The Weekend Watch: More New Yorker Cartoons On CBS Sunday Morning; One More Addition To Attempted Bloggery’s Mini-Arno Fest; The Tilly Watch Online, May 25-29, 2020

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More New Yorker Cartoons On CBS Sunday Morning

Here’s another brief slide show of pandemic-related cartoons shown today, with work by Jon Adams, Carolita Johnson, Johnny DiNapoli, and Avi Steinberg.

 

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One More Addition To Attempted Bloggery’s Mini-Peter Arno Fest

The Attempted Bloggery mini-Arno fest ends with a look at The Bedside Tales anthology (Armed Services Edition). See it here!

 

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An end of week listing of contributors to newyorker.com features, May 25-29, 2020.

The Daily Cartoon: Luke McGarry, Ben Schwartz, Drew Dernavich, Amy Hwang, Johnny DiNapoli.

Daily Shouts: Teresa Burns Parkhurst, Sofia Warren.

…and Barry Blitt’s Kvetchbook: “Fly Musk To The Moon”

To see all of the above and more, go here.

Note: The Spill site was down for a number of hours late yesterday due to technical difficulties. Sorry about that!

Alan Dunn’s New Yorker Honor Roll; The Monday Tilley Watch, The New Yorker Issue Of June 1, 2020

Above: The New Yorker War Cartoons  1945 Special Edition For The Armed Forces.  For more on The New Yorker‘s special war editions go here.

The  above War Cartoons cover by Alan Dunn originally appeared on The New Yorker issue of August 11, 1945. Nearly a year later Mr. Dunn revisited the Honor Roll with this cover of July 27, 1946:

Mr. Dunn’s entry on the Spill‘s A-Z:

Alan Dunn (self portrait above from Meet the Artist) Born in Belmar, New Jersey, August 11, 1900, died in New York City, 1975. NYer work: 1926 – 1974 Key collections: Rejections (Knopf, 1931), Who’s Paying For This Cab? (Simon & Schuster, 1945), A Portfolio of Social Cartoons ( Simon & Schuster, 1968). One of the most published New Yorker cartoonists (1,906 cartoons) , Mr. Dunn was married to Mary Petty — together they lived and worked at 12 East 88th Street, where, according to the NYTs, Alan worked “seated in a small chair at a card table, drawing in charcoal and grease pencil.”

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The Cover:

And on into June with another cover (we are told) reflecting this strange time. You might not know this cover was presented to us as timely without knowing the title (“Lockdown Sampler”). Without the title, in a different time, we would likely see this cover, as William Steig once defined (pre-Tina Brown) New Yorker covers, as a “special moment — fleetingly observed.”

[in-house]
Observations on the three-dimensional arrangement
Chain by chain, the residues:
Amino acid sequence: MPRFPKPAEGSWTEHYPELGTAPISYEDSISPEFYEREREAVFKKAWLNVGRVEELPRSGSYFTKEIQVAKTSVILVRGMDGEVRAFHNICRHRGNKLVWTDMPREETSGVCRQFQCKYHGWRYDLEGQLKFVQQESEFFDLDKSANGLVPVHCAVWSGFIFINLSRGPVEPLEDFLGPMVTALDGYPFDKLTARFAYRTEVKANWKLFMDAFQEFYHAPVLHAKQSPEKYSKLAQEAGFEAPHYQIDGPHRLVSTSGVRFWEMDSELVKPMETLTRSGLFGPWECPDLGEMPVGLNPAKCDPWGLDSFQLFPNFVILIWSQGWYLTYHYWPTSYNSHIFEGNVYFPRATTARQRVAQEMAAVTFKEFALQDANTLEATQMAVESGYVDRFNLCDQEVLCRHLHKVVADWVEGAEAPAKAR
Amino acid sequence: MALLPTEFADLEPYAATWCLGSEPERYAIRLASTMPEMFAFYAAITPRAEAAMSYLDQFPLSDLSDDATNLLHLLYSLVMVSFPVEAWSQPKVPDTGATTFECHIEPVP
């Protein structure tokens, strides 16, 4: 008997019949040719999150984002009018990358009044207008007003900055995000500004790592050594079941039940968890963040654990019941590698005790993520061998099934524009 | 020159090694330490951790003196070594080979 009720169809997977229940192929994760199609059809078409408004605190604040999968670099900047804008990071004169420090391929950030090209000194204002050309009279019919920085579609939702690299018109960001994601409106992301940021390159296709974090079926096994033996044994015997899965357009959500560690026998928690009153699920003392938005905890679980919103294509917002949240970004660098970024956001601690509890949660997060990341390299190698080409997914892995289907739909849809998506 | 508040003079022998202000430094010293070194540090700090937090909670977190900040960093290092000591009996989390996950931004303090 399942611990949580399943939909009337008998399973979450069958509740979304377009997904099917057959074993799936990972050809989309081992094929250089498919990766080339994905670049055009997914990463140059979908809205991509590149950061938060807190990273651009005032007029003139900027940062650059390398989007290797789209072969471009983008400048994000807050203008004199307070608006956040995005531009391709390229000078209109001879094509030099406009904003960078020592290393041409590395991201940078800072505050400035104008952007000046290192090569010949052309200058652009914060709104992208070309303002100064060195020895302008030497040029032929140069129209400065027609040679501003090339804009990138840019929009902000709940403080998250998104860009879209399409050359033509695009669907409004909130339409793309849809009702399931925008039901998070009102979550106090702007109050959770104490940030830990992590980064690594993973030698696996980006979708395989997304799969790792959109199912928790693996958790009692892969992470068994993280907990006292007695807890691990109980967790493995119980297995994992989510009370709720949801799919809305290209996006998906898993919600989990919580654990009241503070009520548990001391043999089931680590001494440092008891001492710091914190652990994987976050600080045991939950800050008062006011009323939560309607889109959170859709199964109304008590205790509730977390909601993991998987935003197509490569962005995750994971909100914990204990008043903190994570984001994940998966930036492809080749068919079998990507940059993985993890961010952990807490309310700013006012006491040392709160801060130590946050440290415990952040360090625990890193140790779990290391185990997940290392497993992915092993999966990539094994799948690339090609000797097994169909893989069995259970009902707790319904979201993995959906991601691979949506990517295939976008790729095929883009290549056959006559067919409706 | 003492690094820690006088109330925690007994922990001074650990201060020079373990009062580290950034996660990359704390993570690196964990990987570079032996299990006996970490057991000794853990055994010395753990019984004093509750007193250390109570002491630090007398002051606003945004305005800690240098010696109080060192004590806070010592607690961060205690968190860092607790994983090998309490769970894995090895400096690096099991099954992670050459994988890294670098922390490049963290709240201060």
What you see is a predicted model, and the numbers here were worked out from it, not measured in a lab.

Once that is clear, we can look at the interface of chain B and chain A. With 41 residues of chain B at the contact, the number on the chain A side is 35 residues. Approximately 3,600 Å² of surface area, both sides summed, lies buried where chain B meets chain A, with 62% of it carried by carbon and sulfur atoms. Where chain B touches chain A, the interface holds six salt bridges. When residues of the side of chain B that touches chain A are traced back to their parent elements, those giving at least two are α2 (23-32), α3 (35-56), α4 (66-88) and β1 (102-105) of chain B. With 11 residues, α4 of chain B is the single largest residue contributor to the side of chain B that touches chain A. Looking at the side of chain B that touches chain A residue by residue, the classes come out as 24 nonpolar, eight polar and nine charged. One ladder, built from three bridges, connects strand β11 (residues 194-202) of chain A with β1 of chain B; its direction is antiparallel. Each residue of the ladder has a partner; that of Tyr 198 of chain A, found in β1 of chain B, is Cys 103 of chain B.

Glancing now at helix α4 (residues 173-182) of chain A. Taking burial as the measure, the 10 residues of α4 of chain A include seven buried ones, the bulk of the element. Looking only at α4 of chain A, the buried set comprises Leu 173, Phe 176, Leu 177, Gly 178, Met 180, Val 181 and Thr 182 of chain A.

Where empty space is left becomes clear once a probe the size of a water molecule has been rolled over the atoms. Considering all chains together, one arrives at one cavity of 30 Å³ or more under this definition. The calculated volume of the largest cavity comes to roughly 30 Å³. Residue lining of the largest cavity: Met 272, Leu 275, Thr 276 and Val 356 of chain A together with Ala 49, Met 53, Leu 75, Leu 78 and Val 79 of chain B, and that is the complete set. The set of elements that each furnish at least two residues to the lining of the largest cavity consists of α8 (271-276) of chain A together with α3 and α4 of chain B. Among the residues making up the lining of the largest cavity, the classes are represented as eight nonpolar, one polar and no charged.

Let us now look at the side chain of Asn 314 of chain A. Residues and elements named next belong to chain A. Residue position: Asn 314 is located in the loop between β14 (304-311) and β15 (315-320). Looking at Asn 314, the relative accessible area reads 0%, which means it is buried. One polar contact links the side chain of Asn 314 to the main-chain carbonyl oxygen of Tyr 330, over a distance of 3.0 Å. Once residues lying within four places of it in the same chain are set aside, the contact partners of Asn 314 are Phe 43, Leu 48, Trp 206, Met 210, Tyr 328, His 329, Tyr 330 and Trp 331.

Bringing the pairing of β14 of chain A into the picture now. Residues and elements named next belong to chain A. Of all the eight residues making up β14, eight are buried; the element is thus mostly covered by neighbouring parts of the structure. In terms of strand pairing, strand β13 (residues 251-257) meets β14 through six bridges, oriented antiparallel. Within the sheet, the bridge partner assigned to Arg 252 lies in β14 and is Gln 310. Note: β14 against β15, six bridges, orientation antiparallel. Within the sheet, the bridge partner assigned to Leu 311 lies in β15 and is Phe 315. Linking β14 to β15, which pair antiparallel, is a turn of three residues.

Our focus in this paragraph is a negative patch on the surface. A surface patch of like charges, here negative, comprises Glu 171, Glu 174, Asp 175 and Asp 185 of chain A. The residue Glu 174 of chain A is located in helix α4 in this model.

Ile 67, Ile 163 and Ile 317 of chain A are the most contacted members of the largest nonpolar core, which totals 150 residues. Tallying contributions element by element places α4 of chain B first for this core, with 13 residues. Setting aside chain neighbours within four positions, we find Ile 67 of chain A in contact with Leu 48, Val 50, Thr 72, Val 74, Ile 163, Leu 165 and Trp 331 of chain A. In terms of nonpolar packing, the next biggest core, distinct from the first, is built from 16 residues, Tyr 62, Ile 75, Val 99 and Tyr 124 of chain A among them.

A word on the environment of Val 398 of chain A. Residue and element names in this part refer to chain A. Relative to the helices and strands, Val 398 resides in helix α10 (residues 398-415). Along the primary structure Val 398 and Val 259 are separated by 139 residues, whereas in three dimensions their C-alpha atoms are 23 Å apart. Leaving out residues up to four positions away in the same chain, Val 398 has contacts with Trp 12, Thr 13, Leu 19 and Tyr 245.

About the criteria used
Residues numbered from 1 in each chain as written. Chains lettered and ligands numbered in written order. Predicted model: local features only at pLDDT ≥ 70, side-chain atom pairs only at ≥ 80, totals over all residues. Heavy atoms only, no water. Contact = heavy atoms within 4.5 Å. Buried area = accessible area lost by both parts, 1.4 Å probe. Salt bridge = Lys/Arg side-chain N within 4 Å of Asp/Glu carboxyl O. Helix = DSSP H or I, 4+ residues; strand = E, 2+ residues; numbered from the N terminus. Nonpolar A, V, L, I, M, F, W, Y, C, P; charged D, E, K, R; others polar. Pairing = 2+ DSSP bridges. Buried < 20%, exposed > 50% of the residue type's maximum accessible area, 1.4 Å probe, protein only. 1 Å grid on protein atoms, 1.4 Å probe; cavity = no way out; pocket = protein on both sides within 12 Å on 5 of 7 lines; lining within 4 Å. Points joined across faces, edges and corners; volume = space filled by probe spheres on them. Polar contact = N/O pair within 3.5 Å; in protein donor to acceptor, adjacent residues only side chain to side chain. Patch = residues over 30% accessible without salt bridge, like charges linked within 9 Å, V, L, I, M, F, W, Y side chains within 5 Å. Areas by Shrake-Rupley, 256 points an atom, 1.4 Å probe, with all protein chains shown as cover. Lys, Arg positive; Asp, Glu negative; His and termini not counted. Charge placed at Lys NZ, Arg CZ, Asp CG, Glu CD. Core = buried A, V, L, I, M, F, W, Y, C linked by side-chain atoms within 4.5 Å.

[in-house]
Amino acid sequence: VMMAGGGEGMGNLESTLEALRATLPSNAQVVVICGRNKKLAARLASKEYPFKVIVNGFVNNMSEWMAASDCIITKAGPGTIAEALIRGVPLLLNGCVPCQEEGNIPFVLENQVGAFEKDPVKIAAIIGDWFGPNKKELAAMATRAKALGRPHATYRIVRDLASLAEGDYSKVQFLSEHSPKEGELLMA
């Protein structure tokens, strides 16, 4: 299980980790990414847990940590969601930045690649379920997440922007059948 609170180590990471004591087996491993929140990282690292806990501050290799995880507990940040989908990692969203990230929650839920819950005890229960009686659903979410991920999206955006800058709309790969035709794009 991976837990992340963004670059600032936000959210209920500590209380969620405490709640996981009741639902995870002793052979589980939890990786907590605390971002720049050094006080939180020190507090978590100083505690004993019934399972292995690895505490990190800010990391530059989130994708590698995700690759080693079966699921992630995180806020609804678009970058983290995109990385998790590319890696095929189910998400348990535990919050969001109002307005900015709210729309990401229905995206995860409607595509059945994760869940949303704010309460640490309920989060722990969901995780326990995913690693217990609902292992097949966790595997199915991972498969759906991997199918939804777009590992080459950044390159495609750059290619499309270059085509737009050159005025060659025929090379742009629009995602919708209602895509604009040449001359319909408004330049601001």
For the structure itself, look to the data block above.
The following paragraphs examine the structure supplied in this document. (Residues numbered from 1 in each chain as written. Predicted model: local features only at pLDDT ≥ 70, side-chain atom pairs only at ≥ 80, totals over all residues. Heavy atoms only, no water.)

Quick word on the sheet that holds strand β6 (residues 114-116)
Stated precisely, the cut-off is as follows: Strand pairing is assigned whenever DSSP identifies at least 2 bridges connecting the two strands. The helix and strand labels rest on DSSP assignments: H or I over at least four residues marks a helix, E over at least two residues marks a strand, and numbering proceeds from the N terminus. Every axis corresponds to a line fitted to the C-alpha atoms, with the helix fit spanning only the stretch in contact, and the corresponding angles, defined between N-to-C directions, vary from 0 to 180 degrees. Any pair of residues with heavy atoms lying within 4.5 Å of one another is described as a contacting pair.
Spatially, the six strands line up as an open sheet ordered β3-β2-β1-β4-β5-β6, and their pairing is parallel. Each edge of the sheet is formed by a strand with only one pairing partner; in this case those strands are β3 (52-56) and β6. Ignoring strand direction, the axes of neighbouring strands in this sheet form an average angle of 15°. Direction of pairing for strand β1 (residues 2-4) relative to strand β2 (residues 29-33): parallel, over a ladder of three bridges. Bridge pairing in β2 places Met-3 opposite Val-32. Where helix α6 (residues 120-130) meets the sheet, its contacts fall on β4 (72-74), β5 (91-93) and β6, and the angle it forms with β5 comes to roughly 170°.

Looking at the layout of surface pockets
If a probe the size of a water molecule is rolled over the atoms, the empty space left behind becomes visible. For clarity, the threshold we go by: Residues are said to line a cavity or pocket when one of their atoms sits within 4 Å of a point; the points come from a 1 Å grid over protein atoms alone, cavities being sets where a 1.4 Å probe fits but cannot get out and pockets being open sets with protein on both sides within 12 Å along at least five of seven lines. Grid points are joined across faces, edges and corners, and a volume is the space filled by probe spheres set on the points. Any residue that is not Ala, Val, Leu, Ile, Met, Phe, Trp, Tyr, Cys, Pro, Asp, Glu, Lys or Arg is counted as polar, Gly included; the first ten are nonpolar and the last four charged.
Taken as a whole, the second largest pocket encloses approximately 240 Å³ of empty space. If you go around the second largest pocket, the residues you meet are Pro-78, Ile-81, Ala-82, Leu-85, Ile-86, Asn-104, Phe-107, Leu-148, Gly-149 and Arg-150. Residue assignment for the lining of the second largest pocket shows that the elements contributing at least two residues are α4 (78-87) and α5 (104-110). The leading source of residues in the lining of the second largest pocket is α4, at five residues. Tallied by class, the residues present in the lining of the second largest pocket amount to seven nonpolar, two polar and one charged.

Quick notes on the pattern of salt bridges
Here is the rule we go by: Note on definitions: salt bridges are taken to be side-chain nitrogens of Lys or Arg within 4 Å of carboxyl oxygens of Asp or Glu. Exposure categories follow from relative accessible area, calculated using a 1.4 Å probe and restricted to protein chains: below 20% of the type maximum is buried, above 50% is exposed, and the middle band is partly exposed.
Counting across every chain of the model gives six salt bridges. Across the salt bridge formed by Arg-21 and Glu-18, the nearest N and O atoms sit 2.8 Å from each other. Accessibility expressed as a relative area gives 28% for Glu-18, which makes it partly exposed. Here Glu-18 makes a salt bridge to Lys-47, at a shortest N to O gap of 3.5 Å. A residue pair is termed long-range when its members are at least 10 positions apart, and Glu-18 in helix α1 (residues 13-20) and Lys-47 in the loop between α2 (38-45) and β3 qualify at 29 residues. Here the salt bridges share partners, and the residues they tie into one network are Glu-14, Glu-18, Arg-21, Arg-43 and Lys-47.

Read a short Q&A with Roz Chast here about her cover.

 

The Cartoonists:

Two duo efforts in this issue, with one duo, Sophie Lucido Johnson (and, I’m taking a guess here on this link:) Sammi Skolmoski new to the cartoonist stable. The Spill custom is to count a duo as one new entry on the A-Z, which means the Johnson/Skolmoski duo are the 9th newbies so far this year, and the 62nd newbies brought in under Emma Allen’s cartoon editorship (begun in May of 2017).

The Cartoons: a number jump out for me — five to be exact. Curiously (or not) they appear in a row, beginning with Emily Flake’s clowns about to pie throw (perhaps my favorite Flake drawing ever), followed by Lars Kenseth’s airport baggage moment, then Danny Shanahan’s fab accessorized dinosaurs, Joe Dator’s E.T. bicycle rental scenario, and finally Farley Katz’s Sunset Boulevard-ish” Instagram drawing.

See the slideshow of this week’s drawings here (if you scroll down a bit).

The Rea Irvin Talk Masthead Watch: Regular Spill visitors will recognize that every Monday Tilley Watch ends with the Irvin Talk Masthead Watch.  Mr. Irvin’s classic design is still missing (it went away in the Spring of 2017, replaced by a…gasp!…redraw…read about it here). Here’s Mr. Irvin’s mothballed classic design:

 

 

 

 

 

The Wednesday Watch: Revisiting Joe Dator’s Classic “How We Do It”; Today’s Daily Cartoonist & Cartoon

Revisiting Joe Dator’s Classic “How We Do It”

Whenever I allow myself a moment to think about what it is I do for a living and the terrific people I share this weird occupation with, I think of Joe Dator’s fabulous New Yorker piece from the issue of September 24, 2012. It is one of my all-time favorite Joe Dator drawings. Additionally, it’s one of my favorite contemporary New Yorker graphic pieces. Its good cheer has never failed me. My thanks to Mr. Dator for permission to run it here.

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Today’s Daily Cartoonist & Cartoon

Paul Noth with an Animal Crossing court. Mr. Noth has been contributing to The New Yorker since  2004. Visit his website here.